Audrey Thompson, “For: Anti-Racist Education,” Curriculum Inquiry 27, no. 1 (Spring 1997): 7-44.

Audrey Thompson, “Not the Color Purple: Black Feminist Lessons for Educational Caring,” Harvard Educational Review 68, no. 4 (Winter 1998): 522-54.

Audrey Thompson, “Tiffany, Friend of People of Color: White Investments in Antiracism,” International Journal of Qualitative Studies in Education 16, no. 1 (January-February, 2003): 7-29.

Becky Thompson, Mothering without a Compass: White Mother’s Love, Black Son’s Courage (Minneapolis: University of Minnesota Press, 2000).

Becky Thompson, A Promise and a Way of Life: White Antiracist Activism (Minneapolis: University of Minnesota Press, 2001).

Becky Thompson, “Time Traveling and Border Crossing: Reflections on White Identity,” in Names We Call Home: Autobiography on Racial Identity, ed. Becky Thompson and Sangeeta Tyagi (New York: Routledge, 1996), 92-109.

Becky Thompson and Sangeeta Tyagi, eds., Names We Call Home: Autobiography on Racial Identity (New York: Routledge, 1996).

Era Bell Thompson, “Some of My Best Friends Are White,” in The WHITE Problem in America, ed. Ebony (Chicago: Johnson Pub. Co., 1966), 153-58.

Connie Titone, “Educating the White Teacher As Ally,” in White Reign: Deploying Whiteness in America, ed. Joe L. Kincheloe, Shirley R. Steinberg, Nelson M. Rodriguez, and Ronald E. Chennault (New York: St. Martin’s Press, 1998), 159-75.

Rodolfo D. Torres, Louis F. Mirón, and Jonathan Xavier Inda, eds., Race, Identity, and Citizenship (Malden, MA: Blackwell Pub., 1999).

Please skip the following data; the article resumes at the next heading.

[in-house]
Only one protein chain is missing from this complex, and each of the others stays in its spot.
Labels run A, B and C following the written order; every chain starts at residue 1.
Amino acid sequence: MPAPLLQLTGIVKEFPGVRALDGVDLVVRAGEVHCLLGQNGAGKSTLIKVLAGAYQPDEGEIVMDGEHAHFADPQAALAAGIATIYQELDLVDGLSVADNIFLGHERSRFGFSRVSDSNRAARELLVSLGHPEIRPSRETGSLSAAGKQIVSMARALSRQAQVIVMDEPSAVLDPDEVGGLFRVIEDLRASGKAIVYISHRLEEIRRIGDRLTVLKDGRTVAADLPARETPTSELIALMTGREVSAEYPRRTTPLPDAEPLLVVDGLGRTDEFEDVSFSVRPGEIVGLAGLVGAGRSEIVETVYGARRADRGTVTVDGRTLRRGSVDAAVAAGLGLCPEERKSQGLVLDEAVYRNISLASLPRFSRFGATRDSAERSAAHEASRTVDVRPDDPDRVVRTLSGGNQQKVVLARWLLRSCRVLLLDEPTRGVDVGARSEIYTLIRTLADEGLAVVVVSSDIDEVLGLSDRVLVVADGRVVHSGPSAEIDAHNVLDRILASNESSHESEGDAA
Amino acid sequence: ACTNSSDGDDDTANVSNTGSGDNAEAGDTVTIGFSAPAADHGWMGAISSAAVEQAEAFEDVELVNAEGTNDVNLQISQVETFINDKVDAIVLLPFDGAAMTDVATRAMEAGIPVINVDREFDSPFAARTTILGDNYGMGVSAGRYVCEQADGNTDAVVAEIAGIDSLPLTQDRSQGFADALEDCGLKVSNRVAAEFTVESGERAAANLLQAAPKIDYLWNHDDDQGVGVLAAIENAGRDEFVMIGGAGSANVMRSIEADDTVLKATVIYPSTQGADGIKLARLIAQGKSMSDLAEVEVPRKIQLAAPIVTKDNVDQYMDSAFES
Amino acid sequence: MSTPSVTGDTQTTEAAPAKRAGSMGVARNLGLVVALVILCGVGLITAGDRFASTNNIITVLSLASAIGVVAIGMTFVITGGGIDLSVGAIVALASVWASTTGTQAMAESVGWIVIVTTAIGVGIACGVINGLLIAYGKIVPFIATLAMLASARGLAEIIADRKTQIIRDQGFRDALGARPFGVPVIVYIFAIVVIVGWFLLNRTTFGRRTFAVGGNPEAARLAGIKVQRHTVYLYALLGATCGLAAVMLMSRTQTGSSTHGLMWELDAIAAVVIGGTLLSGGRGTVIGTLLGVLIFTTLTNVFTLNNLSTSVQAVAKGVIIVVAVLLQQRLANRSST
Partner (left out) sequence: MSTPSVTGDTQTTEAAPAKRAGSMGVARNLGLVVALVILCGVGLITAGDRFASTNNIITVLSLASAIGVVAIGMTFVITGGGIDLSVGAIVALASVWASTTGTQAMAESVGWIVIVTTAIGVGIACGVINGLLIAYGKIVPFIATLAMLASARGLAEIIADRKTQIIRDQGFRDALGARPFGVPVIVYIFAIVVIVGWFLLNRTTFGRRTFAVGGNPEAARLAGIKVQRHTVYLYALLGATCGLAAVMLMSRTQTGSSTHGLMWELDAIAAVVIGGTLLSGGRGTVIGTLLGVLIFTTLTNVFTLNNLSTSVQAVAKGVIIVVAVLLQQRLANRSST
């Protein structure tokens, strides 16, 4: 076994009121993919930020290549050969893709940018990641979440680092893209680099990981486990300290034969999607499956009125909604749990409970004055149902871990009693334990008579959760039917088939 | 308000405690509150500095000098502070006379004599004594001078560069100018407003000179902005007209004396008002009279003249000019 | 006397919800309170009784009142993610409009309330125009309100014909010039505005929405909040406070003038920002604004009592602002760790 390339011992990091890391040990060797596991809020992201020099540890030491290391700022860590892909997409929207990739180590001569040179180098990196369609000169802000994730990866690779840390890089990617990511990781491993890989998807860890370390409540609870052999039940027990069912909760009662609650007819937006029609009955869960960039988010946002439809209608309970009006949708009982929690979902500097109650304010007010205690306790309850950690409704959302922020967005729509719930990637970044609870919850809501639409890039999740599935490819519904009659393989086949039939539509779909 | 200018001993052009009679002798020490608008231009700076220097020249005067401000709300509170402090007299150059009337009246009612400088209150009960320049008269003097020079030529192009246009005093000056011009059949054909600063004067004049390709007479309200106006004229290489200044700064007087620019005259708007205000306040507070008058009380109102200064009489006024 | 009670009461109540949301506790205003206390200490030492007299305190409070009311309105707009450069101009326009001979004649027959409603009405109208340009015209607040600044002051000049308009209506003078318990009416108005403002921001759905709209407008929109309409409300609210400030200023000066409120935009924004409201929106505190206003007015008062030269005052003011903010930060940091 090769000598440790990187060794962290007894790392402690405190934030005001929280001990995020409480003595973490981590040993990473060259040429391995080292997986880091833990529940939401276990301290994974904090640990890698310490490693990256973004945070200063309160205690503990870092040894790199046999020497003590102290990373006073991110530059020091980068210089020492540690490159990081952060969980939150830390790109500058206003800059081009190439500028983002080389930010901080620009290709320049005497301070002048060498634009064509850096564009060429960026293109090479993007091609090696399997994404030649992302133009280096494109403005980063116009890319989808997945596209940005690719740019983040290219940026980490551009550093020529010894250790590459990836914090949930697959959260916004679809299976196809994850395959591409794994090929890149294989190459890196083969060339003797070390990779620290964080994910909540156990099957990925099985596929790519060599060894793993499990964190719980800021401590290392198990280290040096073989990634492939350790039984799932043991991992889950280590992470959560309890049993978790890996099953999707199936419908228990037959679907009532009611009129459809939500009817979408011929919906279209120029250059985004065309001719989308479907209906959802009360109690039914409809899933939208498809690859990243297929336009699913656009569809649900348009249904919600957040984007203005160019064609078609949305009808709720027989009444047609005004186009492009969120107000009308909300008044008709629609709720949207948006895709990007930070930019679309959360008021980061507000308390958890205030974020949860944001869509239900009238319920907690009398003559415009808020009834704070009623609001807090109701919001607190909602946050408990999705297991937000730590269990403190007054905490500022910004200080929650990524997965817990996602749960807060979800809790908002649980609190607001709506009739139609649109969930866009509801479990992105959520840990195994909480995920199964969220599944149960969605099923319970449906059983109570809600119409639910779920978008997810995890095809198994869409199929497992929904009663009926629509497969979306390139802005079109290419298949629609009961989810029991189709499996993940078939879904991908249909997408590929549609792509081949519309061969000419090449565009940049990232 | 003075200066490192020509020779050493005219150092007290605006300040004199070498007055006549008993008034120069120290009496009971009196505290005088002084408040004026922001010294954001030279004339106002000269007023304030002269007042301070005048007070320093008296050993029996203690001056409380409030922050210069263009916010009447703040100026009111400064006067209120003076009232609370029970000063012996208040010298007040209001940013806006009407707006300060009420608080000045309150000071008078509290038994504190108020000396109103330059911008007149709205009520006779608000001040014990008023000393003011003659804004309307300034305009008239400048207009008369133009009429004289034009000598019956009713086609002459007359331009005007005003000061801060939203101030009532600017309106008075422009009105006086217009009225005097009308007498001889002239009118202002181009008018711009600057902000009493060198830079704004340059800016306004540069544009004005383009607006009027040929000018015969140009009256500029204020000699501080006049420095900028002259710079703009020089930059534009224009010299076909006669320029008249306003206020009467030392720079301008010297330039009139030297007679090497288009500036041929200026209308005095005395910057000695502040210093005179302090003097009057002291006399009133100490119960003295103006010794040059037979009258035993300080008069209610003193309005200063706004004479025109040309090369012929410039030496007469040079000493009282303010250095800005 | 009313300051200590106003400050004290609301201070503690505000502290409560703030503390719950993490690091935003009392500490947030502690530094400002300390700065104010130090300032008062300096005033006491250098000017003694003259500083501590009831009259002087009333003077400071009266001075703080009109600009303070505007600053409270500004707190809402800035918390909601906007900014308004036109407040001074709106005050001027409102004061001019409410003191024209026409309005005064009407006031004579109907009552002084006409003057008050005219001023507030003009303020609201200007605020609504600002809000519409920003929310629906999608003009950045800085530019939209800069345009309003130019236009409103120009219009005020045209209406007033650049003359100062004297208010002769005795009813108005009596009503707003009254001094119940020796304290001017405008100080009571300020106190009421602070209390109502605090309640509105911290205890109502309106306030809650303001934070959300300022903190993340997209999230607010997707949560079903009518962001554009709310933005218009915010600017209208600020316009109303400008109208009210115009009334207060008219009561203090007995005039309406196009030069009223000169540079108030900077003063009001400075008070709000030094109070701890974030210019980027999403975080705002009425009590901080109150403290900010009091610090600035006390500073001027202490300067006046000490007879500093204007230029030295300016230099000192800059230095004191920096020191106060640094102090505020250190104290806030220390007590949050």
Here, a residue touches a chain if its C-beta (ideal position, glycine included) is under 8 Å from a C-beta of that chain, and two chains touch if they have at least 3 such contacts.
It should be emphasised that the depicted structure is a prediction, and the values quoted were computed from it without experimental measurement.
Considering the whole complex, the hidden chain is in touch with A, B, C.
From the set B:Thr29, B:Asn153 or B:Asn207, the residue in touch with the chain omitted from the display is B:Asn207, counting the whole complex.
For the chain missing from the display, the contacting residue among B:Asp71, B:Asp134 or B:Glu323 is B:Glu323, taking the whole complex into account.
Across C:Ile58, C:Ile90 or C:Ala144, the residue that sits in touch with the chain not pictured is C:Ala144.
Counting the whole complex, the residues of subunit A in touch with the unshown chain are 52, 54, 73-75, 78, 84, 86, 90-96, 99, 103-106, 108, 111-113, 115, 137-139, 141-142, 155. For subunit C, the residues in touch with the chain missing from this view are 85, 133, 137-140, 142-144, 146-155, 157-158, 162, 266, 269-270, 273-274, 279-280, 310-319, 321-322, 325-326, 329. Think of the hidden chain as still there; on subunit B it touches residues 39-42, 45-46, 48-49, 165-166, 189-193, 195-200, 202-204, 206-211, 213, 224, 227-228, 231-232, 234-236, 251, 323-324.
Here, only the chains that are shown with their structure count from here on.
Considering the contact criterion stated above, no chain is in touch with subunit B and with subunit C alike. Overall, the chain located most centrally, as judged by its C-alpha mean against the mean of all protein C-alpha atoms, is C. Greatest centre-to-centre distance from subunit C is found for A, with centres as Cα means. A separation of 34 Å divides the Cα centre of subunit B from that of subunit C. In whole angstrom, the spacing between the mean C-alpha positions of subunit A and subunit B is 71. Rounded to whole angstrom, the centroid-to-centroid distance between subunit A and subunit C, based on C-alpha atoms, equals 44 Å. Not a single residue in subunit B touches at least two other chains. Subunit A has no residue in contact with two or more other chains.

Sara Trechter and Mary Bucholtz, “Introduction: White Noise: Bringing Language into Whiteness,” Journal of Linguistic Anthropology 11, no. 1 (June 2001): 3-21.

Barry Troyna, “‘The Whites of My Eyes, Nose, Ears . . .’: A Reflexive Account of ‘Whiteness’ in Race-Related Research,” in Researching Racism in Education: Politics, Theory, and Practice, ed. Paul Connolly and Barry Troyna (Buckingham, England: Open University Press, 1998), 95-108.

Bonnie TuSmith and Maureen T. Reddy, eds., Race in the College Classroom: Pedagogy and Politics (New Brunswick, NJ: Rutgers University Press, 2002).

France Winddance Twine and Jonathan W. Warren, eds., Racing Research, Researching Race: Methodological Dilemmas in Critical Race Studies (New York: New York University Press, 2000).

France Winddance Twine, “Brown-Skinned White Girls: Class, Culture, and the Construction of White Identity in Suburban Communities,” in Displacing Whiteness: Essays in Social and Cultural Criticism, ed. Ruth Frankenberg (Durham, NC: Duke University Press, 1997), 214-243.

Tamara L. Underiner, “Beyond Recognition, Beholden: Toward a Pedagogy of Privilege,” Signs 25, no. 4 (Summer 2000): 1293-98.

Lynet Uttal, “Inclusion without Influence: The Continuing Tokenism of Women of Color,” in Making Face, Making Soul/Haciendo Caras: Creative and Critical Perspectives by Women of Color, ed. Gloria Anzaldúa (San Francisco: Aunt Lute Foundation Books, 1990), 42-45.

Lucila Vargas, ed., Women Faculty of Color in the White Classroom: Narratives on the Pedagogical Implications of Teacher Diversity (New York: Peter Lang, 2002).

Kathryn B. Ward, “‘Lifting as We Climb’: How Scholarship by and about Women of Color Has Shaped My Life as a White Feminist,” in Color, Class and Country: Experiences of Gender, ed. Gay Young and Bette J. Dickerson (London: Zed Books, 1994), 199-217.

Vron Ware, Beyond the Pale: White Women, Racism and History (London: Verso, 1992).

Vron Ware, “Island Racism: Gender, Place, and White Power,” in Displacing Whiteness: Essays in Social and Cultural Criticism, ed. Ruth Frankenberg (Durham, NC: Duke University Press, 1997), 283-310.

Vron Ware and Les Back, Out of Whiteness: Color, Politics, and Culture (Chicago: University of Chicago Press, 2002).

John Warren, “Whiteness and Cultural Theory: Perspectives on Research and Education,” The Urban Review 31, no. 2 (June 1999): 185-203.

John T. Warren, Performing Purity: Whiteness, Pedagogy, and the Reconstitution of Power (New York: Peter Lang, 2003).

John T. Warren, “Performing Whiteness Differently: Rethinking the Abolitionist Project,” Educational Theory 51, no. 4 (Fall 2001): 451-66.